United States: Consumer confidence rebounds in August
July 28, 2015
The Conference Board consumer confidence index jumped to 101.5 points in August from a revised 91.0 points in July (previously reported: 90.9 points). August’s result overshot market expectations of 94.0 points and was the largest monthly gain in seven months. Recent swings in the index suggest that consumers are constantly adapting their expectations for the economy in the face of developments both at home and abroad.
August’s large increase in confidence was driven by a significant improvement not only in consumers’ sentiment regarding current economic conditions and job market opportunities, but also their outlook on conditions in the next six months.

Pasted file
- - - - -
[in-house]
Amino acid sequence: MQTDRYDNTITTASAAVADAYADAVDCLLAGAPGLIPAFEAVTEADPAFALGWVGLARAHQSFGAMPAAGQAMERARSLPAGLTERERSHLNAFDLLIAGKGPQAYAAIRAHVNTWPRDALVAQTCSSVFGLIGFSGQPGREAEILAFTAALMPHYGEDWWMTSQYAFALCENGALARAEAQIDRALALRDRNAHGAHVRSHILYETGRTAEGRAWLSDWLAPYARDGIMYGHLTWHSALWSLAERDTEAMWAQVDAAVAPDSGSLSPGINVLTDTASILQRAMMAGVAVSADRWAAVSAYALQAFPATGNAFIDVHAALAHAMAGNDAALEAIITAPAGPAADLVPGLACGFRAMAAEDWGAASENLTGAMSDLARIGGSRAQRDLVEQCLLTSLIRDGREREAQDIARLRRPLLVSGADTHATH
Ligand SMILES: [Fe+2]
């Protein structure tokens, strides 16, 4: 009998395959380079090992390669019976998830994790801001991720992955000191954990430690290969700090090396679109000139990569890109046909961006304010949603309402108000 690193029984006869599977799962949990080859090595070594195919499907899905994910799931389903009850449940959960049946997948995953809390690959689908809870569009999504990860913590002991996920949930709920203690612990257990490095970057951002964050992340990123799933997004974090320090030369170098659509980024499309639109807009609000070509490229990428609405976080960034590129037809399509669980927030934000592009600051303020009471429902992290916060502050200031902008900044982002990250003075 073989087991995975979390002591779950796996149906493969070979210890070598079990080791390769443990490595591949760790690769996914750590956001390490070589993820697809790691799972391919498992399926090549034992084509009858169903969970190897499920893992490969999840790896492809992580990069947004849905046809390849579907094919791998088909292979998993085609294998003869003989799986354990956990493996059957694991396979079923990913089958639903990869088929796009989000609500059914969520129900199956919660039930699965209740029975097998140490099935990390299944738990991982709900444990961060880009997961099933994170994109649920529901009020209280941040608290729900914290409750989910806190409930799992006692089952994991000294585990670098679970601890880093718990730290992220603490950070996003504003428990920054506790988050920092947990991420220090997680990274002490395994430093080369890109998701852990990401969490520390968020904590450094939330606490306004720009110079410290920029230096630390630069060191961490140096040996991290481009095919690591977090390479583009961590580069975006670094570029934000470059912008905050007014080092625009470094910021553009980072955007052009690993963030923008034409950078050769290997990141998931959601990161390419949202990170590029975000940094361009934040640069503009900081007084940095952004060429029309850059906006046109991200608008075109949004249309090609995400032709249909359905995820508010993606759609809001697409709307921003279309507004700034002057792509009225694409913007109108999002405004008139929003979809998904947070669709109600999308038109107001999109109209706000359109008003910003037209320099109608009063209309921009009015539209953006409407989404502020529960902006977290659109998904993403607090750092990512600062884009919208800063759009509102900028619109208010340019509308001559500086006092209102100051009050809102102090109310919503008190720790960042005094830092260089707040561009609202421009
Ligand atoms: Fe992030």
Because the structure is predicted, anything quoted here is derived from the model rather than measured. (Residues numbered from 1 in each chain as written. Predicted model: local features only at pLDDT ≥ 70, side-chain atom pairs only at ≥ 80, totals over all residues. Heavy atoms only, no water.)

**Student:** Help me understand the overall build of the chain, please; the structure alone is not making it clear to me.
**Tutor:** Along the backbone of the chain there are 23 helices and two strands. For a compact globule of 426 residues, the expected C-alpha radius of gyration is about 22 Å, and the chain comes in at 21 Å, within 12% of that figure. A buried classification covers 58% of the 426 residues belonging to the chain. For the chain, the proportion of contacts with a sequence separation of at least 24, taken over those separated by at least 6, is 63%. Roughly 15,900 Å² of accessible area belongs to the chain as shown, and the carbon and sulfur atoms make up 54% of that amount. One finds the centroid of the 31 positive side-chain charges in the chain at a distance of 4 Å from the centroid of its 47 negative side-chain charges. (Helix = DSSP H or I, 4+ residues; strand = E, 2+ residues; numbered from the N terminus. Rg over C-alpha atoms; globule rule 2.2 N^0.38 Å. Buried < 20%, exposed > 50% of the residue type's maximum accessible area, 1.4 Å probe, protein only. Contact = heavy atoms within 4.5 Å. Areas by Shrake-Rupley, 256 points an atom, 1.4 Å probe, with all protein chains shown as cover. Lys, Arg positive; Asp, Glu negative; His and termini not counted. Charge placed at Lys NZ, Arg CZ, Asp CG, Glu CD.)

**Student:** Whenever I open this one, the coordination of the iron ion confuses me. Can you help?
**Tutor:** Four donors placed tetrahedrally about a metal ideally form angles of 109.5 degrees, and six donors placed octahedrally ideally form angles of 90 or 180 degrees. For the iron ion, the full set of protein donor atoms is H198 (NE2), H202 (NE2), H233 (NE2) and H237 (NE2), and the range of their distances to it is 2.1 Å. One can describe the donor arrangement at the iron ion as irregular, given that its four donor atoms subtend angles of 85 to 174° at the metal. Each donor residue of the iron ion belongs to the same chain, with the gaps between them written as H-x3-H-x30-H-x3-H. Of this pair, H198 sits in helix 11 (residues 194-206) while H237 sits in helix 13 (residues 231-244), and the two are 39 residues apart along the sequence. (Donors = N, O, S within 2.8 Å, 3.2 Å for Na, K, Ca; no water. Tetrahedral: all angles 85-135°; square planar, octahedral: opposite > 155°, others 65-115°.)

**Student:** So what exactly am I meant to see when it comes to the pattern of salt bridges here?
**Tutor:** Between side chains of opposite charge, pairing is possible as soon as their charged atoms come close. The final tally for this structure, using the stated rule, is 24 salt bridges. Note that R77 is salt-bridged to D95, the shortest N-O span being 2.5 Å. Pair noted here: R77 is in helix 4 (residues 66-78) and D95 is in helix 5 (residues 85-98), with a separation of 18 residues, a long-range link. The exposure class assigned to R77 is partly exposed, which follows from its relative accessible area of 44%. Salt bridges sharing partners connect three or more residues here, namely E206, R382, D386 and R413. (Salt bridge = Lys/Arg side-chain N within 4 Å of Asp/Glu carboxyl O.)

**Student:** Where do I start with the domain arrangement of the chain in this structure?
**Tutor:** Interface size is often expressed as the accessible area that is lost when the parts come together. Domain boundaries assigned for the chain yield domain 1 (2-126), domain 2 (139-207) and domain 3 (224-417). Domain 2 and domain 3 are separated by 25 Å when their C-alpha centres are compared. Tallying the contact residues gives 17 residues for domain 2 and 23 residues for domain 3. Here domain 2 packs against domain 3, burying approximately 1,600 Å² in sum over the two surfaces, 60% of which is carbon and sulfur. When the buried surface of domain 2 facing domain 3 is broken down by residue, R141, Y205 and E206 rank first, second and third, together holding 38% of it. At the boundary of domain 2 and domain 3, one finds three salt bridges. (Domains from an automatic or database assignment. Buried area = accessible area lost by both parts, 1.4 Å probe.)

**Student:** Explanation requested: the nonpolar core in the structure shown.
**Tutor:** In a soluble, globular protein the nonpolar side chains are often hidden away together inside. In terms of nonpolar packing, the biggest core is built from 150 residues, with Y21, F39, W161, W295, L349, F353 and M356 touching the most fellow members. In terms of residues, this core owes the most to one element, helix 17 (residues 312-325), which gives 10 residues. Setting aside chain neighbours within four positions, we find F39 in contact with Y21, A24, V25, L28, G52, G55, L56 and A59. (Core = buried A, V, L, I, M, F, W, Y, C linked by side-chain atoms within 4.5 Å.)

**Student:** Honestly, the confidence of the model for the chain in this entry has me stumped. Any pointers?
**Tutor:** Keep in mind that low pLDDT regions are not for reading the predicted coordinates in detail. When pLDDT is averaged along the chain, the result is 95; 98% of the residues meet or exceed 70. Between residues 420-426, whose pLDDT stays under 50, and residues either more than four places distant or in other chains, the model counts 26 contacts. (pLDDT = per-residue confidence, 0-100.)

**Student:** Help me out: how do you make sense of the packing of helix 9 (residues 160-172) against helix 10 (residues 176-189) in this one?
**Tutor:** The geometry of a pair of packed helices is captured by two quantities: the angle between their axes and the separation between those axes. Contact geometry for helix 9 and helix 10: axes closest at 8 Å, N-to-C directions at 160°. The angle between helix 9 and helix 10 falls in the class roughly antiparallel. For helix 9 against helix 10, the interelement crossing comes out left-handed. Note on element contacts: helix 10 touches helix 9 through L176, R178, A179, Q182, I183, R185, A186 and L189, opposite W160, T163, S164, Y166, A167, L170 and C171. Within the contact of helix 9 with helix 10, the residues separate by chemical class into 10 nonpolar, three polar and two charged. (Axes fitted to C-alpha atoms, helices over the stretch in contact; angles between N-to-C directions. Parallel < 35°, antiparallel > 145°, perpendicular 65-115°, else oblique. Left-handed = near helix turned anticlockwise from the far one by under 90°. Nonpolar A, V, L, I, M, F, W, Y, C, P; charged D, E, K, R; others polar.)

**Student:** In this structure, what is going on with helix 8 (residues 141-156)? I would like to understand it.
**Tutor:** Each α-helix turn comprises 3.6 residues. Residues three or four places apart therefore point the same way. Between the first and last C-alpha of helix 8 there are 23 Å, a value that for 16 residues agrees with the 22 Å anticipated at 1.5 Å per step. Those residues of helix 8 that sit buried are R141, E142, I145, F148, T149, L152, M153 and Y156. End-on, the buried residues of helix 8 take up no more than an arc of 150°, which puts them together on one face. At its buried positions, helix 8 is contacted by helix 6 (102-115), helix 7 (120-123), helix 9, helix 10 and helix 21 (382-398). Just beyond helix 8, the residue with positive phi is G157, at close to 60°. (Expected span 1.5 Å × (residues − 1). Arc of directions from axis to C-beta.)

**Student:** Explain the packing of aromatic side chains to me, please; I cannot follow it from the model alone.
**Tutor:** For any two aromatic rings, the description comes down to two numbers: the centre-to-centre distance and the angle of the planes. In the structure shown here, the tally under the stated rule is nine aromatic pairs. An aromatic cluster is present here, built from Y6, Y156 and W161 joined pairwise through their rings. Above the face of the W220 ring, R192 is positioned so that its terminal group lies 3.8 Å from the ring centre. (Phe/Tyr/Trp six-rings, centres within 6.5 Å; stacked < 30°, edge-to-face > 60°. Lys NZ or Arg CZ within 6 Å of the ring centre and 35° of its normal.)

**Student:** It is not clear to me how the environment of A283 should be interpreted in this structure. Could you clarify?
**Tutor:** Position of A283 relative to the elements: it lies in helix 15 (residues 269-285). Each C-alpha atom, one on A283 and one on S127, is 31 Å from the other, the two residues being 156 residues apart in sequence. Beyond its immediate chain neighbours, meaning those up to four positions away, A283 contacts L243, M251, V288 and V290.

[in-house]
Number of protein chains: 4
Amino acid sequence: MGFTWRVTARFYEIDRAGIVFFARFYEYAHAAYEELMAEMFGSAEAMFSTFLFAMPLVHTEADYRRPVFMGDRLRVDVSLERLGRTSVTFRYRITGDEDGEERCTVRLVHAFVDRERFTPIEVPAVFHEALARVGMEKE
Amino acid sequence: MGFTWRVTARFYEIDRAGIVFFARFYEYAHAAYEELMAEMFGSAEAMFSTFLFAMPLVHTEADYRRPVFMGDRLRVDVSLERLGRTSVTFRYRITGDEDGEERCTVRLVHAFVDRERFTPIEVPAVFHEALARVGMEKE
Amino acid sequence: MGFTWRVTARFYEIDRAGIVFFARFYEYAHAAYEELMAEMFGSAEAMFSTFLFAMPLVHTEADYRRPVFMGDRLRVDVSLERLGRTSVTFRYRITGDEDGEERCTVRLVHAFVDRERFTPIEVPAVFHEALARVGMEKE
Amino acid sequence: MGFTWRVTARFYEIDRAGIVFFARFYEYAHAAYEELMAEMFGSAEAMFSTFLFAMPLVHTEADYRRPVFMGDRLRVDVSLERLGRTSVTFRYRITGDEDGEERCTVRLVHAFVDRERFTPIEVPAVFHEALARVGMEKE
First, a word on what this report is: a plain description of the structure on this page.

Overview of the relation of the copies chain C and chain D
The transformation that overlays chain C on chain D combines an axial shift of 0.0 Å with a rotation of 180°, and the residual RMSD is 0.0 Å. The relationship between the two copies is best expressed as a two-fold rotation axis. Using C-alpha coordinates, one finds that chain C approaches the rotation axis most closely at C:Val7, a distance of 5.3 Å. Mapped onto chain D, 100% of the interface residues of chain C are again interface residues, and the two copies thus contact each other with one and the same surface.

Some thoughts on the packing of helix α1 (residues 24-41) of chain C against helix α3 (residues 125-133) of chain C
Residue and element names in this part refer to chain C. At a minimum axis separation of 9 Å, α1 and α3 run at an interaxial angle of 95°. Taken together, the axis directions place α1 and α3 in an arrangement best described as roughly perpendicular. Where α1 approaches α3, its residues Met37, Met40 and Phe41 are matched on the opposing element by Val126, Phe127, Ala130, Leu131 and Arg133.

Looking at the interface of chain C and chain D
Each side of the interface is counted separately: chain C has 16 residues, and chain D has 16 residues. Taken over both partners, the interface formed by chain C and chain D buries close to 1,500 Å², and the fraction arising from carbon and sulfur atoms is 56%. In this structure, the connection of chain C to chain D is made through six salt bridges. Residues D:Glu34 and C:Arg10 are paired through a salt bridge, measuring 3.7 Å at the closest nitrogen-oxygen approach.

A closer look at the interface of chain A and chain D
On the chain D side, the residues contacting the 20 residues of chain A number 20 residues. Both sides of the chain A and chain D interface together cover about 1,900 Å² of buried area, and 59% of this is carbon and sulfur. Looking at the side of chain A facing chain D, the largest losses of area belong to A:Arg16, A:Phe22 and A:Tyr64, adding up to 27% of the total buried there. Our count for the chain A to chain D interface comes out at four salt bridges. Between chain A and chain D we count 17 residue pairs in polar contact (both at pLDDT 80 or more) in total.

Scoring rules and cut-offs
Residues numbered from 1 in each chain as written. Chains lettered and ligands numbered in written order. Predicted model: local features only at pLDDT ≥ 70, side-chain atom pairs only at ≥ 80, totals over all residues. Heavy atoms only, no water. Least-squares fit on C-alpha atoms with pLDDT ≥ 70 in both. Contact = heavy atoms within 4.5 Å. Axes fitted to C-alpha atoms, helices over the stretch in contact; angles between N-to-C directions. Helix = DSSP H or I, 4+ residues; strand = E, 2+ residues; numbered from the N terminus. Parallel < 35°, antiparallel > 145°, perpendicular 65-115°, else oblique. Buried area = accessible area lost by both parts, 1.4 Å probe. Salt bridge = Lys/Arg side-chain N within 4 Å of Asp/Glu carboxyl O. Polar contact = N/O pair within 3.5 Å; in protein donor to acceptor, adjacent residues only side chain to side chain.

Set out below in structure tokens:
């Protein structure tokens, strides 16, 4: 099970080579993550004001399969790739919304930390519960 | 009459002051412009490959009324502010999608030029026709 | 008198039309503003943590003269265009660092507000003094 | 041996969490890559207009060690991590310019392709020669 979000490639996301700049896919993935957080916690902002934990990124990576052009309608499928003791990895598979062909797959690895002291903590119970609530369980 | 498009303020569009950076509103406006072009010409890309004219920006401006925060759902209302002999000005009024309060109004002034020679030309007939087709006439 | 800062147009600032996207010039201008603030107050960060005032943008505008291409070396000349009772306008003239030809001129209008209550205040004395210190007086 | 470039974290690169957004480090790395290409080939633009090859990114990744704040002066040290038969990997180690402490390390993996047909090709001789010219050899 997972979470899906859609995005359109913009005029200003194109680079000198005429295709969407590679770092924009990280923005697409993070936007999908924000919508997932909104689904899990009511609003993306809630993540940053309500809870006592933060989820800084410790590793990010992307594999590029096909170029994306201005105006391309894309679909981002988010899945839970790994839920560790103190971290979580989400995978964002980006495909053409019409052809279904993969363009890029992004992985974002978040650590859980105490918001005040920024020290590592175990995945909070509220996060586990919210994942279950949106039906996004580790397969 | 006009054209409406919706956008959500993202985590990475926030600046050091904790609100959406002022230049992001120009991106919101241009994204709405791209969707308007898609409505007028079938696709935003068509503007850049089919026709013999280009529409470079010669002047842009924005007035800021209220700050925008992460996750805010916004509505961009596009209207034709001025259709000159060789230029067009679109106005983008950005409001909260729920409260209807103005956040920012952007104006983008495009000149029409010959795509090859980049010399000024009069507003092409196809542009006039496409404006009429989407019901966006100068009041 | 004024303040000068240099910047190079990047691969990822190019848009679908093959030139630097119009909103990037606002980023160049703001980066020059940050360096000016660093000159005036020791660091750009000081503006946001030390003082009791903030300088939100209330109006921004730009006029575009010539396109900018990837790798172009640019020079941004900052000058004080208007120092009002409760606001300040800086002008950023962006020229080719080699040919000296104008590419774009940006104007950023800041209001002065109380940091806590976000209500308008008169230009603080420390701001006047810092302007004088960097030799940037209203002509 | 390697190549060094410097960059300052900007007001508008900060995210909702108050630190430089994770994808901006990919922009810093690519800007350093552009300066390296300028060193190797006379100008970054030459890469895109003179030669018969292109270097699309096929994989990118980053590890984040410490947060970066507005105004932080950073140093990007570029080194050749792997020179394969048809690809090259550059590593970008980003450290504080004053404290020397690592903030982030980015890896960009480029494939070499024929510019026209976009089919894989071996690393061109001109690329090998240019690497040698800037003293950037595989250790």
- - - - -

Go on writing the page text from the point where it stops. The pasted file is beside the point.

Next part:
The director of the Board explained that, “consumer confidence rebounded in August, following a sharp decline in July. Consumers’ assessment of current conditions was considerably more upbeat, primarily due to a more favorable appraisal of the labor market. The uncertainty expressed last month about the short-term outlook has dissipated and consumers are once again feeling optimistic about the near future.”
Author: Carl Kelly, Economist